Louise – these are fascinating examples. I love the origin of words and phrases.

    Another nice one is red herring, which came from early fox hunt saboteurs. In the 18th and 19th centuries, herring were one of the most common fish caught around Britain. To preserve them in those pre-refrigerator days, they salted and smoked them, which turned the herring a deep reddish brown colour. Smoked herring had a particularly strong smell. Those wishing to disrupt a fox hunt would drag them across the hunt route to distract the hounds, which followed the red herring rather than the true trail. This tactic proved so effective that the phrase passed into common usage.

    As for words that sound lovely on the tongue, I recall Stephen Fry being asked for his favourite word:

    “Plinth,” he replied. Just try saying it aloud and you’ll see exactly what he meant … ;-]

    Reply
  2. Jake Nantz

    How did I know Zoe and her word of the week would be here pretty early on? Must be psychic….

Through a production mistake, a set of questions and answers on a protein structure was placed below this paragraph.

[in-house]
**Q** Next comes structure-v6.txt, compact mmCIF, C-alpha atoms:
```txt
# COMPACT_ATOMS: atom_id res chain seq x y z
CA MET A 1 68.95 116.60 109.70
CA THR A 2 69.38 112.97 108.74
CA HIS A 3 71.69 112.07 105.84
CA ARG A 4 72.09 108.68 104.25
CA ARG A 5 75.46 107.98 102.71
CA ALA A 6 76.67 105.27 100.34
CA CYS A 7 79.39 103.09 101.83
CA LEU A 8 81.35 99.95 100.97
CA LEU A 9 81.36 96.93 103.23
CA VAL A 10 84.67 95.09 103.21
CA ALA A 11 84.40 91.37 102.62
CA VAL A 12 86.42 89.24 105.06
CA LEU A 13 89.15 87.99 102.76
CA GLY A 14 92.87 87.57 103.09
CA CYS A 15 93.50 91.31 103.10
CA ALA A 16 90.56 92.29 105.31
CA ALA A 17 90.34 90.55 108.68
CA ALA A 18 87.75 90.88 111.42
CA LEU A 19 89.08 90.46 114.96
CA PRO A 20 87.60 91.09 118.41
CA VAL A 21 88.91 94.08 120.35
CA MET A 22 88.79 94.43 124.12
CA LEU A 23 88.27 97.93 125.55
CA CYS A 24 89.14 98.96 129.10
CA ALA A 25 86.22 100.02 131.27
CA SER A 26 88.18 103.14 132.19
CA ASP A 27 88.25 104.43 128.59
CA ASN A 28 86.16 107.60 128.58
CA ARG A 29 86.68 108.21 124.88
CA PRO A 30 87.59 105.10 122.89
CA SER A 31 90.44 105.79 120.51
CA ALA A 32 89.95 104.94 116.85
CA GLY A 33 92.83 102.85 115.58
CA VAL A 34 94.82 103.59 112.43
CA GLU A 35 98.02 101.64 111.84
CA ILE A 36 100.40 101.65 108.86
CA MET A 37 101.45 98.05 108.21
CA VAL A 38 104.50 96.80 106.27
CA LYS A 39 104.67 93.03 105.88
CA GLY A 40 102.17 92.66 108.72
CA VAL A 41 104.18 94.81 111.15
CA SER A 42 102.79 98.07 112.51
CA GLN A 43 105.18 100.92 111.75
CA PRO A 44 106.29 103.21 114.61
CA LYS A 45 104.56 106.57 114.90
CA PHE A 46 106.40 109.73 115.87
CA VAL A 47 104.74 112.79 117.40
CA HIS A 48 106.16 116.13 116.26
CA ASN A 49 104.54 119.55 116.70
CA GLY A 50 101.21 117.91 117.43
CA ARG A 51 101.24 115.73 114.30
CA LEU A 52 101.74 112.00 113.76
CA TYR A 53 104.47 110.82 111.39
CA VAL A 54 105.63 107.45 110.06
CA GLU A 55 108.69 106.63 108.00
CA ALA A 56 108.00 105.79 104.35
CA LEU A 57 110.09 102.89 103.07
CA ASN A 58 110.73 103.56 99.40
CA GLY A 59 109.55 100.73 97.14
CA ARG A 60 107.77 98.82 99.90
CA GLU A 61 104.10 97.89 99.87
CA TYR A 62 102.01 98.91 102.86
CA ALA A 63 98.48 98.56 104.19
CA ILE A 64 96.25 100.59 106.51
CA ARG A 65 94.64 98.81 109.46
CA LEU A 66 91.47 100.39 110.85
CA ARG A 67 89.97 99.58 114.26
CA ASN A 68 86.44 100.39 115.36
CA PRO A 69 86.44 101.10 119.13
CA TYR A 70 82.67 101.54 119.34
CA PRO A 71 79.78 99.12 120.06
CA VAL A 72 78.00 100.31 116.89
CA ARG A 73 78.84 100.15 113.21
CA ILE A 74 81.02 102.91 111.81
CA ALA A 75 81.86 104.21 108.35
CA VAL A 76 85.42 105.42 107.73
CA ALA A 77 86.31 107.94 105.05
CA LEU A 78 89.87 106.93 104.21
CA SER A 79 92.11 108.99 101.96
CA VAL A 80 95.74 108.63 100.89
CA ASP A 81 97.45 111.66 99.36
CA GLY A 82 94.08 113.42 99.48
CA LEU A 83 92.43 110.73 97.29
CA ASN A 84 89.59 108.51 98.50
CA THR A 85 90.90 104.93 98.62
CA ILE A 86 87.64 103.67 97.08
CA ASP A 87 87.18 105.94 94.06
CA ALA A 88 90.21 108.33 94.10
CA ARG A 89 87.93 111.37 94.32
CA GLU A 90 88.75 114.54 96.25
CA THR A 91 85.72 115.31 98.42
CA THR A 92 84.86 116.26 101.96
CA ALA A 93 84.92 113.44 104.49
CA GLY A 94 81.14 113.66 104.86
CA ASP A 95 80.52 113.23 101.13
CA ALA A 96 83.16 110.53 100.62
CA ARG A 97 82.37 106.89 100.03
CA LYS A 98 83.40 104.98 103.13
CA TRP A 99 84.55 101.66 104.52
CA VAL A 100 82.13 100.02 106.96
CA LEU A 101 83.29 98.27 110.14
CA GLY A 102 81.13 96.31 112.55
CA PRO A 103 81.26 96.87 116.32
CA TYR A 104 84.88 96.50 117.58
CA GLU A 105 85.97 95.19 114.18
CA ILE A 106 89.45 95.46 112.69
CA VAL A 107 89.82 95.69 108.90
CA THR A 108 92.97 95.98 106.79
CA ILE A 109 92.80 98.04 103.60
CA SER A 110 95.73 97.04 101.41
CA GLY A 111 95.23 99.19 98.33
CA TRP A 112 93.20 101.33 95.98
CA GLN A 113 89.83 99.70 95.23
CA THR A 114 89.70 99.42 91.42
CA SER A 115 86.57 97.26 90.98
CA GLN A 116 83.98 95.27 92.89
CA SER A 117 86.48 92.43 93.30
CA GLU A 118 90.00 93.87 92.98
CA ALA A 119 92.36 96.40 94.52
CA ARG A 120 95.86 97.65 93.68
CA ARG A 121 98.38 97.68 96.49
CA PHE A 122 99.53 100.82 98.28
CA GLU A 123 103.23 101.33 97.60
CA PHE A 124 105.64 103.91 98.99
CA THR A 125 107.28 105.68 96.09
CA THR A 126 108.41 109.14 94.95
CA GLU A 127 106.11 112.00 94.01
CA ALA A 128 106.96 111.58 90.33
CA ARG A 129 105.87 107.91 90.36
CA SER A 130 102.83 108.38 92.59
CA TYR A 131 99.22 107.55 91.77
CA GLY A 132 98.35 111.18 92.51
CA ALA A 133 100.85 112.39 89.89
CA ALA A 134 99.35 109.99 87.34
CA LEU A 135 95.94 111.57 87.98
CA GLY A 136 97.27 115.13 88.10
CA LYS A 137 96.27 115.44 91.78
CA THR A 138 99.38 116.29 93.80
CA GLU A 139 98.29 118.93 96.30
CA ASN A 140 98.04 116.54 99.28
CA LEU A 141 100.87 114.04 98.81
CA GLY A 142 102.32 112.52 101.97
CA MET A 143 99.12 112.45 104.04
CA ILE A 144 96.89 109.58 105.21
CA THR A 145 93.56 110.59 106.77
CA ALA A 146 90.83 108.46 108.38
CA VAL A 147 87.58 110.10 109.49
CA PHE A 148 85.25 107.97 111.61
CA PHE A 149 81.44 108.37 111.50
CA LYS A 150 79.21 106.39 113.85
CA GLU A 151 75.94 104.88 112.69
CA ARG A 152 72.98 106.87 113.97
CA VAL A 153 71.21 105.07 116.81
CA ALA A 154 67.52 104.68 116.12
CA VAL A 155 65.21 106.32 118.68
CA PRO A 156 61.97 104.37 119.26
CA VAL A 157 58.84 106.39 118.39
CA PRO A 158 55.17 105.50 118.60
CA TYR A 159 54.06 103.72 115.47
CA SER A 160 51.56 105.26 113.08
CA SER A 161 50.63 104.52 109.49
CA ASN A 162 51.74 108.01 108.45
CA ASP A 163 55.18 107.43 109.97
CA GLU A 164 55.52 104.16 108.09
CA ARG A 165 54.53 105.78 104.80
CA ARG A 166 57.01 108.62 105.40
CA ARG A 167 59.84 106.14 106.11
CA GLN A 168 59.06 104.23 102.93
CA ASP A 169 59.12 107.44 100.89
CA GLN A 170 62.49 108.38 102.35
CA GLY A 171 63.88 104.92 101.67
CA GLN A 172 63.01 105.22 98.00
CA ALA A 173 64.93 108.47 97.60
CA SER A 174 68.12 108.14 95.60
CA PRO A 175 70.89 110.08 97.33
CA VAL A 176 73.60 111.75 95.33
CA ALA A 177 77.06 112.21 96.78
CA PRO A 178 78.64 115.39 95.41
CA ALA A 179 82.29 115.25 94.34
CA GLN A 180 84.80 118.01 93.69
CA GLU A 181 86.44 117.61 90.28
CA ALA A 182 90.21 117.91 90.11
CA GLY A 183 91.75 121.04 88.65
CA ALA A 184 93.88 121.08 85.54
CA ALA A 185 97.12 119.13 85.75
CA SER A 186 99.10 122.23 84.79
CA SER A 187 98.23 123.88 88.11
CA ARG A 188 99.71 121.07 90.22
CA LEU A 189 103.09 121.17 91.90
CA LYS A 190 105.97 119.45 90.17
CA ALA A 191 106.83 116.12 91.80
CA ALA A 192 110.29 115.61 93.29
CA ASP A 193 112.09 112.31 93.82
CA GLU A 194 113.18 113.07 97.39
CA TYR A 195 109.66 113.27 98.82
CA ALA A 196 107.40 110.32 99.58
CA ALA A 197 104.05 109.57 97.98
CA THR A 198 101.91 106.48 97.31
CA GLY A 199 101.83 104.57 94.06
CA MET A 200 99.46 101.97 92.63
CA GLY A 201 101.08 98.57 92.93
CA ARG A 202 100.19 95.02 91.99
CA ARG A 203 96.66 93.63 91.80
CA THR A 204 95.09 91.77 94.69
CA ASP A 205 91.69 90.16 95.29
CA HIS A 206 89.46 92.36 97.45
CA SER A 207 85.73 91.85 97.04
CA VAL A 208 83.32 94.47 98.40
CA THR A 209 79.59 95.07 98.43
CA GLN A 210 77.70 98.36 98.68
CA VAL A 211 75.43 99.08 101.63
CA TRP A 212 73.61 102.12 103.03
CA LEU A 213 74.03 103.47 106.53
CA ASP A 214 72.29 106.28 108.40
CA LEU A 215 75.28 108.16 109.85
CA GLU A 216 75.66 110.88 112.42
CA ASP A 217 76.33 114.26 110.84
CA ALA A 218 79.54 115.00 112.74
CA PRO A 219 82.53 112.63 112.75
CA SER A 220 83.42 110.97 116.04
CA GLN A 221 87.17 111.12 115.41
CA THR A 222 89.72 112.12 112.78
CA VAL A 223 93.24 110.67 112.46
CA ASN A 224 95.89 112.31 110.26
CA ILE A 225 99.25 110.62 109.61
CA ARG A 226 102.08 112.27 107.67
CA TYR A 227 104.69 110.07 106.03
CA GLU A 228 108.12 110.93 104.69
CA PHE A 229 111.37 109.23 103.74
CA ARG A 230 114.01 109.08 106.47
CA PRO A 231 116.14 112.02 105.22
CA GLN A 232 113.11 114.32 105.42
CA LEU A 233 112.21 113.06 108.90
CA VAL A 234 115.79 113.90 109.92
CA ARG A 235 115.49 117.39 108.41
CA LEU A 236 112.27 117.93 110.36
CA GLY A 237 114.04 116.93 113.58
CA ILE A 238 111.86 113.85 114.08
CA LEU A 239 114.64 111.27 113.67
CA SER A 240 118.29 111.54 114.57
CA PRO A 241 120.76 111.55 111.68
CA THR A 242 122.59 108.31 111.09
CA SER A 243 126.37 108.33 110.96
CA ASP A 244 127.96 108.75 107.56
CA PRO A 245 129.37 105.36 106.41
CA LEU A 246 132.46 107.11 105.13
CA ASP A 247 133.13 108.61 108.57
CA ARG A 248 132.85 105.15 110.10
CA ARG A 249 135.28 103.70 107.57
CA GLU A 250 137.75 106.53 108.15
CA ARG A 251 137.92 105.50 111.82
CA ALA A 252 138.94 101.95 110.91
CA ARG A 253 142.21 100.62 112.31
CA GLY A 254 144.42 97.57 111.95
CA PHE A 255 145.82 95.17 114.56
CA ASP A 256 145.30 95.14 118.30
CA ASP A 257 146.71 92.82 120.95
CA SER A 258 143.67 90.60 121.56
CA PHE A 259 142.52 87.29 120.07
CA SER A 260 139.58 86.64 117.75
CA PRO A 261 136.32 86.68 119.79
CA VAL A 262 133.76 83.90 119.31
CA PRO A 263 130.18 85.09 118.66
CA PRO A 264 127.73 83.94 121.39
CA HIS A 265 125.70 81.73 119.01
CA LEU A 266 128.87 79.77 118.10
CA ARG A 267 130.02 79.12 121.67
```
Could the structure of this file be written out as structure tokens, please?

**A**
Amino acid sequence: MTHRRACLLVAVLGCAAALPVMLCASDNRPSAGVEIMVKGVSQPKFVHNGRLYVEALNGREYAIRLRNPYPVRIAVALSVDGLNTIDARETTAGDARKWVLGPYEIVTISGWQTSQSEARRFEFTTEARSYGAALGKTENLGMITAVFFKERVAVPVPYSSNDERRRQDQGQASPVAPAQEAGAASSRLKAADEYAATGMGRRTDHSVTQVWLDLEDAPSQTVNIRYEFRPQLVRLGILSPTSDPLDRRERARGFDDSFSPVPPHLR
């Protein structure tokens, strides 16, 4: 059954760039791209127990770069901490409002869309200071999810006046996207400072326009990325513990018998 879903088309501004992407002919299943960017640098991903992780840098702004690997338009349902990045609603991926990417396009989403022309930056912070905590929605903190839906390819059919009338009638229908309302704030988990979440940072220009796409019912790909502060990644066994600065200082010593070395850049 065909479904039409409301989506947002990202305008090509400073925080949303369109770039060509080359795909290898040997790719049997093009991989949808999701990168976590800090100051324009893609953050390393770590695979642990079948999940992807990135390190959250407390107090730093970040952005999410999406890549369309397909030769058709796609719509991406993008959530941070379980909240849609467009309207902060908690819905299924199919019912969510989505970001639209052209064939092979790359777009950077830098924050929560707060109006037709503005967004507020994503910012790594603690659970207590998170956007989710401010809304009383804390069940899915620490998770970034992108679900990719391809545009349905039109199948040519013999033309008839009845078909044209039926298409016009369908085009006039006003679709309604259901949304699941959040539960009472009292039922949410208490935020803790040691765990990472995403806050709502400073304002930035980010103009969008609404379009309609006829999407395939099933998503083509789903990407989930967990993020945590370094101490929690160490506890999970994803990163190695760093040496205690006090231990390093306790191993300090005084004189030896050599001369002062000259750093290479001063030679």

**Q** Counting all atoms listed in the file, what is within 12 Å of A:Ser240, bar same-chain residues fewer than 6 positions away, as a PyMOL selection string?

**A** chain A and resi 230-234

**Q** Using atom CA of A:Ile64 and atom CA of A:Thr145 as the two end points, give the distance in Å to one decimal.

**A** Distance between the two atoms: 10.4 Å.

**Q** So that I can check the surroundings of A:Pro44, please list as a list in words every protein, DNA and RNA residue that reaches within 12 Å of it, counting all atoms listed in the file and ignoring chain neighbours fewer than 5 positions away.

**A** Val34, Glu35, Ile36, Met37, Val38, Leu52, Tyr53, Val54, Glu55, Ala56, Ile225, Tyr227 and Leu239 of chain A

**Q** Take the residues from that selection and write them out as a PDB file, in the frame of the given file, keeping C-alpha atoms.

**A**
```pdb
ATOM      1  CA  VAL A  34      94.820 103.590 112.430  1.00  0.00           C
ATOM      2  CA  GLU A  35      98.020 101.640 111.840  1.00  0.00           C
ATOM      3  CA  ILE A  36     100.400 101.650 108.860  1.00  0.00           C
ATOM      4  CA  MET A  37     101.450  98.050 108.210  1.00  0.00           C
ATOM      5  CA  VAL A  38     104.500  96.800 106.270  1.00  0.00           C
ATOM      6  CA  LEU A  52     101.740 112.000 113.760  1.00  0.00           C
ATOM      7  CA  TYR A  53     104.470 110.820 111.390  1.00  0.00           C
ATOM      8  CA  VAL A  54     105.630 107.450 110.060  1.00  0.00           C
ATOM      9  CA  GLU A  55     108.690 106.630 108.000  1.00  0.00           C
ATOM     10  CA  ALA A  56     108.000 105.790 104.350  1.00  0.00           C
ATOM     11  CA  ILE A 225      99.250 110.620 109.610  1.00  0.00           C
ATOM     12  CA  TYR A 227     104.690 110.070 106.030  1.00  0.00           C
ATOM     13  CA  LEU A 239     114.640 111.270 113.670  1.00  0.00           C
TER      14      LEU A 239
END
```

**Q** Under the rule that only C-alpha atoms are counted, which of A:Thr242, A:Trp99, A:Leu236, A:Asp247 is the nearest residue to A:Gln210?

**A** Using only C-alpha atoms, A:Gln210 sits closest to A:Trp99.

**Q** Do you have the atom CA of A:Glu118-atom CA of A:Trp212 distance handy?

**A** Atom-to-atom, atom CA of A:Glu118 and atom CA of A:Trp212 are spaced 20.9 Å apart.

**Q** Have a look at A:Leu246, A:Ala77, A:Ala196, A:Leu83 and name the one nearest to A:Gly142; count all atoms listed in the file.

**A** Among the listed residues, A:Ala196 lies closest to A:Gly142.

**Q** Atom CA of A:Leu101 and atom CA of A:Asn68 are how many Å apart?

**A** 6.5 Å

I also love the derivation of words or phrases, though nothing comes immediately to mind. Oh well.

    Reply
  3. Louise Ure

    J.D. I think somebody already did. In “The Big Sleep,” Bogart pronounces the word “sham-us” rather than the Irish/Anglicized pronunciation “shay-mus.” Maybe he knew something the rest of us didn’t!

    Reply
  4. Jake Nantz

    Ooh, I did think of one, and it’s so obvious to me but might not be to others. In the south (and probably elsewhere) Highway Patrolmen are called Smokies due to their hat resembling that of Smokey the Bear (only you can prevent forest fires, y’know…)

    Then again, you guys probably already knew that.

    Nevermind.

    Reply
  5. Rae

    I love words and word origins. One of my current favorites is ‘kakistocracy’, which is ‘government by the worst men’. I also like ‘omphaloskepsis’, i.e. navel-gazing, a lot.

    I love made-up words, too, like ‘kerfuffle’ and ‘snicklefritz’.

    Reply
  6. Louise Ure

    Hey Jake, the hat comparison makes sense to me, but I didn’t know they called Highway Patrolmen “Smokies.” Nice addition!

    And Rae, you’ve made my day with KAKISTOCRACY! I’m going to use it — loud and often.

    Reply
  7. Lisa Hendrix